Fly fishing for trout in the region’s rivers is excellent. Attractor patterns in sizes 8-14 are working well for cutthroat in most waters. Don’t overlook the North Fork Clearwater and the middle and lower Lochsa, as both are producing nicely.
Salmon and steelhead
Recent steelhead catch rates have been about 15 hours per fish caught in the Clearwater River and 41 hours per fish caught in the Snake River. The Clearwater is low. Best chinook fishing on the Snake has been around the mouth of the Clearwater and near Heller Bar.
Creel checks show the best Washington steelhead fishing has been in the stretch between Lower Monumental and Little Goose dams, where anglers spent more than nine hours of fishing per steelhead caught.
WDFW staff interviewed 1,340 anglers from 529 boats with 529 adult chinook and 236 jacks last week in the Hanford Reach. All areas are reporting strong catches, and should improve as water temperatures cool and more fish move up. Salmon fishing is open through Oct. 22 from the Highway 395 Bridge in the Tri-Cities to Wanapum Dam, but closes Oct. 15 upriver from Wanapum Dam.
Amber Lake remains open through November for catch-and-release fishing. Friends fishing there last weekend said they caught several fish 17-18 inches and two more than 19 inches. A green-scale Hotshot was the ticket.
Apex lures with a piece of worm on the trailer hook are taking Deer Lake rainbow along the south shore. Fish run 12-15 inches. Deer Lake trout will begin coming up now that the water is cooling.
This is prime time for catching perch in eastern Washington. Fish Lake, near Wenatchee, just outside the bay at Cove Resort, is an excellent place to dangle a worm. Another spot, largely overlooked, is Blue Lake, which is between Banks Lake and Soap Lake. Fishing is not fast, but size is usually more than 11 inches. Banks Lake is also giving up some big, fat perch between Steamboat Rock and the south end. Anglers are finding them by dragging worm harnesses. Banks Lake walleye fishing has been hot and cold, but the best luck recently is in about 50 feet of water.
Although Bonnie Lake is a good place for perch now, the trip in can be an ordeal as the water in the creek is only about a foot deep and beavers have built a mud dam near the mouth of the lake.
Walleye fishermen have been scarce on Lake Roosevelt lately, though a few positive reports have come from China Bend and at Hunters across from the landing and downriver. Best walleye action is below McNary Dam between Umatilla and Boardman where ’eyes are said to be both numerous and voracious.
An Idaho youth pheasant season opens statewide Saturday and runs through Oct. 12 for licensed hunters 15 years old or younger. Youth hunters must be accompanied by a licensed hunter 18 years or older; one adult may accompany more than one youth. The regular pheasant season opens Oct. 13 in Area 1 and Oct. 20 in Areas 2 and 3. IDFG expects pheasant numbers to be down and quail stable in the Panhandle. In the Clearwater region, pheasant numbers are up significantly, chukar numbers up somewhat, gray partridge down, and quail down.
The Idaho waterfowl season opens Saturday in area 1, but the opening dates for area 2 (which used to be area 1 and includes most of the state) opens Oct. 13 and runs through Jan 25.
The regular Idaho deer season opens Wednesday in many parts of the state. In some areas, a regular deer tag allows hunters to take either mule deer or white-tailed deer. A white-tailed deer tag allows hunters to take only a white-tail. Many areas across the state also offer antlerless youth hunt opportunities, but check the 2012 big-game rules brochure carefully for these. This year, for the first time in 36 years, Idaho is going to a bulls-only general elk season in the Panhandle because of low calf recruitment.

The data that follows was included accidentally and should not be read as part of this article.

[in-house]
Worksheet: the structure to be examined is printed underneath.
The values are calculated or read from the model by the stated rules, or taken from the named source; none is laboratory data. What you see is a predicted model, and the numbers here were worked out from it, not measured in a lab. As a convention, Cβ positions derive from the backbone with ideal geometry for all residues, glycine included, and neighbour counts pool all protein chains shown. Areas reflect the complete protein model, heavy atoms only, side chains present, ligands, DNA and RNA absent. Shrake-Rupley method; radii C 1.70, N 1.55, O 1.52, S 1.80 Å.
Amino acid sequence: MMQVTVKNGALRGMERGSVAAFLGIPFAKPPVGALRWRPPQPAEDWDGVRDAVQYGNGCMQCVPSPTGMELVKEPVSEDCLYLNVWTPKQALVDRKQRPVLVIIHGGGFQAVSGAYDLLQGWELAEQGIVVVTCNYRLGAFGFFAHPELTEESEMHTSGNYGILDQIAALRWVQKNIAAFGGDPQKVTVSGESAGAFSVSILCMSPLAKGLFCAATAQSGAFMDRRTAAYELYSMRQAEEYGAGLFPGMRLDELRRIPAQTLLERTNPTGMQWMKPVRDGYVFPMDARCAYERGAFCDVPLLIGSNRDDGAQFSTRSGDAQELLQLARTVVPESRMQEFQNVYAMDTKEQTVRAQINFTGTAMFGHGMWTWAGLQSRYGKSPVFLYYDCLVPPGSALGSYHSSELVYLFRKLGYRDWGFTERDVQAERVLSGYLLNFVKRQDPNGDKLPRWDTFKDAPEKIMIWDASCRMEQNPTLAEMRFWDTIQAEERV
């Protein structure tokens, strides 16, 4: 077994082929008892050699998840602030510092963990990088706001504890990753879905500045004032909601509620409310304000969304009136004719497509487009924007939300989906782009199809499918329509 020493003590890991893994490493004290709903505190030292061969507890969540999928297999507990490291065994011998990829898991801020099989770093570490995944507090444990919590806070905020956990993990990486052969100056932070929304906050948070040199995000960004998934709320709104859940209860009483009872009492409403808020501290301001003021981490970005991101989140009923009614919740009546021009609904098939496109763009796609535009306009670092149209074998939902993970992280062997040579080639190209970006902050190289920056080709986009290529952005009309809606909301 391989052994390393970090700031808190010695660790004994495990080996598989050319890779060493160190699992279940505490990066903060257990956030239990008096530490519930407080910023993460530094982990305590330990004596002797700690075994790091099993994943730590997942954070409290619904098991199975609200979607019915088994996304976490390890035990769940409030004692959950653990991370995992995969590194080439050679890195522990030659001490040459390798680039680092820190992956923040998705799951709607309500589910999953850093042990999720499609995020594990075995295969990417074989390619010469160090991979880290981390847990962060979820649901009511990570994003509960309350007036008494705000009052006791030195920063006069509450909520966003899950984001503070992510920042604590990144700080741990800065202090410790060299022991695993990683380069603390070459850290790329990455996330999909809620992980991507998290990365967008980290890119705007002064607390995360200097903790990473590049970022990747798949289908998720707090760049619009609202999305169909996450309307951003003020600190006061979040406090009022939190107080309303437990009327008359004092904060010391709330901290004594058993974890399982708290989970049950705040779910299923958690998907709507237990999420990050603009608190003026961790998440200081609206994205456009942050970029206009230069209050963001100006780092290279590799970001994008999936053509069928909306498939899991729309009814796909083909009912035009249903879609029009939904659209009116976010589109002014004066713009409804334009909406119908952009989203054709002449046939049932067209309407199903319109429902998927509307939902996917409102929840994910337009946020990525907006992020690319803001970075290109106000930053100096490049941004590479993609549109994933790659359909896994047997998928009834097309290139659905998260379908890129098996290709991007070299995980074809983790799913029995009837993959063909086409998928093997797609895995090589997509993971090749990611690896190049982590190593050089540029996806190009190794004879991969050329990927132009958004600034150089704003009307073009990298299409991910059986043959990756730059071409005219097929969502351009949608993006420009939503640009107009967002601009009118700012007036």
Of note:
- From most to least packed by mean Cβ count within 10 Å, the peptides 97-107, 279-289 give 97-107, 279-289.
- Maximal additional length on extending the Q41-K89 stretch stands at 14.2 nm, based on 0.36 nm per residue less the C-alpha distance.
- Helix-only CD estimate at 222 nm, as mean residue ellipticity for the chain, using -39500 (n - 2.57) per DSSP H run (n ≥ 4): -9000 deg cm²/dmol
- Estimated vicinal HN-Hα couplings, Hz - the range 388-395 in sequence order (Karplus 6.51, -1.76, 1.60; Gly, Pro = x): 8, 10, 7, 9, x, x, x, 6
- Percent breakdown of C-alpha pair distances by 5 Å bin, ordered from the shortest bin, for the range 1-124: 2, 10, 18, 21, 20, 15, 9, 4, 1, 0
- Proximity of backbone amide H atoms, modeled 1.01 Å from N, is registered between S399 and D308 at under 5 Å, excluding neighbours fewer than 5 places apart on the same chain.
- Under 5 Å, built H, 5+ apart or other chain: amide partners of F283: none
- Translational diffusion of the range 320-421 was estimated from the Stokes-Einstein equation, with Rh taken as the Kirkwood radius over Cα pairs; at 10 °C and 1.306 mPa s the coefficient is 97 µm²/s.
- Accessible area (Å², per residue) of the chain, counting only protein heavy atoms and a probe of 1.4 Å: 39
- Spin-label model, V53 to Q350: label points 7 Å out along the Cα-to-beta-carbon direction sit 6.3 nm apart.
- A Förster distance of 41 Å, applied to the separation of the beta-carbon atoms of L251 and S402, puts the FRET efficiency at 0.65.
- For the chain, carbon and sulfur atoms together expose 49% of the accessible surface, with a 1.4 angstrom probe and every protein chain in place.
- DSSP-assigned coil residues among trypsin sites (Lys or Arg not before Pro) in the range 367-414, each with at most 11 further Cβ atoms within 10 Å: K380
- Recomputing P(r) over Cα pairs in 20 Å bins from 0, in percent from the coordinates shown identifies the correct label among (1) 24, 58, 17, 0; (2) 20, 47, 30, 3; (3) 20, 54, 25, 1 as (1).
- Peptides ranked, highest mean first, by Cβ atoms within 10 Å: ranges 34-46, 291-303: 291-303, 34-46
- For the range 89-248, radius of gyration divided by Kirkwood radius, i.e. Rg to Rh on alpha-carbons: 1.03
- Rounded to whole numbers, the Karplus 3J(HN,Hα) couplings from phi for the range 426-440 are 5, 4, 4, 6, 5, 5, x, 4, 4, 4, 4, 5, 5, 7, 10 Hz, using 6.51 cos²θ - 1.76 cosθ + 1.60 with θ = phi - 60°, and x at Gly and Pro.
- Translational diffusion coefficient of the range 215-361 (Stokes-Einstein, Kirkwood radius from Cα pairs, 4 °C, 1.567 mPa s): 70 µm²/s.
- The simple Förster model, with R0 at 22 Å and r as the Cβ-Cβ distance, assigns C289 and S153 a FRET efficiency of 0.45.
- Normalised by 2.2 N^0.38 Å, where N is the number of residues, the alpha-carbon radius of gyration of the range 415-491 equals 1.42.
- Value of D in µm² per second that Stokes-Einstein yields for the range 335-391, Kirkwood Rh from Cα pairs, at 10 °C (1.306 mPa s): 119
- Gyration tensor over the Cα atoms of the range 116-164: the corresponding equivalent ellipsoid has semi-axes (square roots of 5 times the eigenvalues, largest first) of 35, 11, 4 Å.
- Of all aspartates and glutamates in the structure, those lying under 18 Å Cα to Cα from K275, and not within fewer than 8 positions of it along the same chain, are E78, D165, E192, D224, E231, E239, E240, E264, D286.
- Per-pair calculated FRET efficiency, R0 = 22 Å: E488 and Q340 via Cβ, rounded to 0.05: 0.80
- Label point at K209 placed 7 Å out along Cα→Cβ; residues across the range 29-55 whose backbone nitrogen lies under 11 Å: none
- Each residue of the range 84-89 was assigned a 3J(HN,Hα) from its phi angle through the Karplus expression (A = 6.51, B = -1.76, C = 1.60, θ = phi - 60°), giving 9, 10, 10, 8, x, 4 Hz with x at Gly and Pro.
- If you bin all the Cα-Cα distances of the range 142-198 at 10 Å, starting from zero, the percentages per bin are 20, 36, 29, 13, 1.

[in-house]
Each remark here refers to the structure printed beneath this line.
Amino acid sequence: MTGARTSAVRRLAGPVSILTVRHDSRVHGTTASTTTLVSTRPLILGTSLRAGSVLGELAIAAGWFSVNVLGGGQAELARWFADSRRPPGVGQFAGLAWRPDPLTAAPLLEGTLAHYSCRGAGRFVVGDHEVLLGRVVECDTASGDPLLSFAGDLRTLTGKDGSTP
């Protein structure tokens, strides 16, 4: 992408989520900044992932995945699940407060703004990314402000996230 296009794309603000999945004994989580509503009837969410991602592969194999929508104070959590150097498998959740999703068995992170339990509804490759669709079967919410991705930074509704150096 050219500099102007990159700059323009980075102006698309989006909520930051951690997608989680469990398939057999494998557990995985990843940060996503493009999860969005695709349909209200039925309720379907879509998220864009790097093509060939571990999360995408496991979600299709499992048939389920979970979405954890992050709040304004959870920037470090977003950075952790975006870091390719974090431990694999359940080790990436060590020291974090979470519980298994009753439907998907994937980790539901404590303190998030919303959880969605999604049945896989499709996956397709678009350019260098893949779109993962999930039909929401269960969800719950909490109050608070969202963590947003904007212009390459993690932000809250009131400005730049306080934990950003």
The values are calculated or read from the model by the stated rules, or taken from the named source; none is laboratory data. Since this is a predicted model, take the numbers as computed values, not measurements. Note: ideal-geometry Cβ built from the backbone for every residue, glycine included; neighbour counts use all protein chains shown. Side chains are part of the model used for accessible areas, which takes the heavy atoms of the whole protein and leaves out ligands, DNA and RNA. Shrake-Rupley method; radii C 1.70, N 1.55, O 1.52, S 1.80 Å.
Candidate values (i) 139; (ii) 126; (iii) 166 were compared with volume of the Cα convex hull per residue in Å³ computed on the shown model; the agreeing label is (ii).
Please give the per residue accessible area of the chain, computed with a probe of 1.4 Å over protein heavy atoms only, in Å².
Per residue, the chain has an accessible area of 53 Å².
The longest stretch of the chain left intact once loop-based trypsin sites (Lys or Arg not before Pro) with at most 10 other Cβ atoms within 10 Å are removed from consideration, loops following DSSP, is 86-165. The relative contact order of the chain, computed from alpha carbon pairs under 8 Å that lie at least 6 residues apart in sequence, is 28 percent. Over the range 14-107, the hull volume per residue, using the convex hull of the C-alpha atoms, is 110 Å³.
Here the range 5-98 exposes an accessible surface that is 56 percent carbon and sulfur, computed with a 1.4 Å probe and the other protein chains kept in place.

The general modern-firearm season for deer hunting opens throughout much of eastern Washington Oct. 13 and prospects for both white-tailed and mule deer in most of the three districts are good. The northeast district (District 1), particularly GMU 101 should be good. The four-point minimum is still in effect for whitetail in GMUs 117 and 121. Any antlered whitetail buck is legal, however, in the other five units of District 1 during the general season, and hunters 65 years old or over, youth and disabled hunters may take a doe from Oct. 13-26 in GMU 124 or from Oct. 18-21 in many other units. Check your game regs – page 19 and the GMU map on page 41.
Washington waterfowl hunting opens Oct. 13-17, closes for two days, and then runs Oct. 20-Jan. 27, except for geese, which are open Wednesdays and weekends and some later “bonus days” in units 4 and 5. Opportunities are fair to good. Rich Finger, WDFW district wildlife biologist for Grant County, said Canada goose harvest has been up and will probably continue to increase, and duck production throughout the Basin is up slightly. Farther north, the wet spring may have been positive for waterfowl production, with more flooded pond and slough habitat in the Pend Oreille River Valley, but locally, the moisture may have come too late. On a positive note, I just returned from a four-day waterfowl hunt in Alberta, and saw more ducks up north than in my previous 20 years of hunting there.
In Washington, California quail, gray partridge and chukar hunting opens Saturday and pheasant hunting opens Oct. 20. This year’s record cold and wet spring may have hampered bird production in some parts of the region. But Southeast District wildlife biologist Paul Wik said temperatures moderated during the time, most game birds were hatching their clutches, and he expects hunting prospects there to be good this season.
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